Site Logo


Every dirty detail of becoming a Construction Materials Tester

Construction materials testing will provide you with a range of testing methods, giving you the skills to work with soil, asphalt & concrete. Enquire today!
September 13, 2017

Two phrases you’re likely to hear on any construction site in Australia are, “Change it to Triple J,” and, “Measure twice, cut once.” While not being carpenters, the second one is a proverb to live by for those in Construction Materials Testing (CMT). Accurate measurement at a foundation level means things get done right the first time, saving money and stress for everyone involved.

From a driveway in a cul-de-sac, to the Sydney Opera House, every construction project has a common denominator: before the first brick is laid, or the slab, construction materials testing must determine whether the quality of the materials and site are fit for purpose.

With thousands of construction and infrastructure projects planned and underway across Australia, it’s a great time to get qualified in construction materials testing. Affectionately known as a ‘soily’, you could join a vital industry, or rise head and shoulders above the rest in a tight construction talent pool.

Learning the skills of Construction Materials Testing (CMT) could mean working with soil, asphalt, concrete, or aggregates. It’s a physical role, spending much of the time outside collecting soil samples, concrete testing, as well as some inside work doing laboratory analysis.

Working within the construction sector, you could be responsible for determining properties of the minerals on site and their suitability. Is it clay, silt, sand, gravel, or a combination? Getting the literal ‘groundwork’ right is key to mitigating risks in construction and the long term viability of a project.

A typical day as a Construction Materials Tester.

After checking in with a site supervisor and perhaps the site engineer, you’ll gather soil samples across a designated area. This could be collecting physical samples or collecting data.

Once you’ve collected physical samples it’s over to the lab for testing. Soil is often dried in specialised ovens before it’s split into several different samples. You may carry out a compaction process to determine the ideal moisture content. Depending on the material, testing and analysis may also be done to determine the shear strength, compressibility and the hydraulic conductivity.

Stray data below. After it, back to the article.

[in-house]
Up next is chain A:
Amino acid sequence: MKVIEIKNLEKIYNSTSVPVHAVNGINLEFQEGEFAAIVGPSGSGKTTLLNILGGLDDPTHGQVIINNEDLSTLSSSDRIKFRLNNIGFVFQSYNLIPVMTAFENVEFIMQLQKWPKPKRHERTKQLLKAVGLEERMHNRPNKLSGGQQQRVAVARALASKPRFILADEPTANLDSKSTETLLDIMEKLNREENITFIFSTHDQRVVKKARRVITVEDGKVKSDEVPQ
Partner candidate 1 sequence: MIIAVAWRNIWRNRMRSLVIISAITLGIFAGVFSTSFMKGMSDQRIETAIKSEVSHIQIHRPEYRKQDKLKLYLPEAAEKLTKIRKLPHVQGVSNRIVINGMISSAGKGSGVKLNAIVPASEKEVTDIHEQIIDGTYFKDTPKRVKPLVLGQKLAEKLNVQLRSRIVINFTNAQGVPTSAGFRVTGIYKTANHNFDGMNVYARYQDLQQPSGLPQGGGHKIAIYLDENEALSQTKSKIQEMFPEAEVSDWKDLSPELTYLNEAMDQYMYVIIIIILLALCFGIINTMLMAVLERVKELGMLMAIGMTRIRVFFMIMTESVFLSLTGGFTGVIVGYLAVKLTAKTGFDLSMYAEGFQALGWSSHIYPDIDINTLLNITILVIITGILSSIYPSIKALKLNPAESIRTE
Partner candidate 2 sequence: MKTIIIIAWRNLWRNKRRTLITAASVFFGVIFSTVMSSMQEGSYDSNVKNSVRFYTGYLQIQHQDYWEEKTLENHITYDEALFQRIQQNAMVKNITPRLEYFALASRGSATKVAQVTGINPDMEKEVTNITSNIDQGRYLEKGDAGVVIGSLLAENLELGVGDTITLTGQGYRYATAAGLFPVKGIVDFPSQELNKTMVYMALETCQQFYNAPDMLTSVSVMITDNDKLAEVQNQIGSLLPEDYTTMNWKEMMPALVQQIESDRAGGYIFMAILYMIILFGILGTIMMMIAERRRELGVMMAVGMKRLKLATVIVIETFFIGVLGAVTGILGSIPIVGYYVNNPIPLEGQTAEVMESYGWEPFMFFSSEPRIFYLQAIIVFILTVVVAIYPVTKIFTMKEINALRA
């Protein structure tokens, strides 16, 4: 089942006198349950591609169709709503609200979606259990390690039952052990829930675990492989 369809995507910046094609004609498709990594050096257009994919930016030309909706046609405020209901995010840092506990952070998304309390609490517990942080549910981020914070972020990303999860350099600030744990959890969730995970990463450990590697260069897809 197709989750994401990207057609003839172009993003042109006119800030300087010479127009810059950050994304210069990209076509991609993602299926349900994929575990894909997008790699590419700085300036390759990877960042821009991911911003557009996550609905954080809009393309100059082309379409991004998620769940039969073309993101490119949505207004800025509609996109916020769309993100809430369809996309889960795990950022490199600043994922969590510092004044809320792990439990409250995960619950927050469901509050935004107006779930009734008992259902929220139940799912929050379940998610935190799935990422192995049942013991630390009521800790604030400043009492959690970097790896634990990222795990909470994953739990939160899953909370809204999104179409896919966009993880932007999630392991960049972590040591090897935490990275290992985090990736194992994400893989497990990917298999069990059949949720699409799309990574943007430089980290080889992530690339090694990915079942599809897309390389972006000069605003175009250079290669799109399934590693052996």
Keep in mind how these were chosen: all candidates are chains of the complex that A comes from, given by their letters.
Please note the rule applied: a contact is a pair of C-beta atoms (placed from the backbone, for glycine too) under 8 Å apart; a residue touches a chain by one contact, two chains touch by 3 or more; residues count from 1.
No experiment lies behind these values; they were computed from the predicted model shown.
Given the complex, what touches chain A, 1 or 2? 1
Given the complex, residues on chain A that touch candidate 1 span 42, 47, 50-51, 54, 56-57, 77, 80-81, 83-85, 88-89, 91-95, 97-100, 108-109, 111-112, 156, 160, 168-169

Further to this, possessing a licence for Nuclear Gauge Testing will allow you to use this specialist device to determine the overall density in the field. This might be needed to ensure the stability of a site before works begin, or to determine things such as possible flood damage to road base.

Why become a Construction Materials Tester?

The need for faster testing turnaround is growing necessity within the construction industry. Many construction employers are up skilling from within their ranks as well as hiring qualified testers, making this a valuable addition to your CV.

What makes a great soily? Clear communication and negotiation is vital, as you’ll often be interacting with engineers (and their various personality types). It’s definitely the right role for you if you’re details and data driven, being a unique mix of a hands-on and administrative.

We’ve compacted a lot into the Materials Testing Lab Tech course. Employers are also able to enrol staff to up skill or ensure that testing practices are up to date.

What else? What’s next?

As well as this qualification most employers will also specify that you’ll need your own car and driver’s license in order to visit different sites and labs. You’ll also need a reasonable level of fitness, with the ability to lift heavy items on a regular basis.

If you think you’d like to give it a crack and get your hands dirty, roll up your sleeves and find out about enrolling in a Certificate III or Certificate IV of Laboratory Techniques.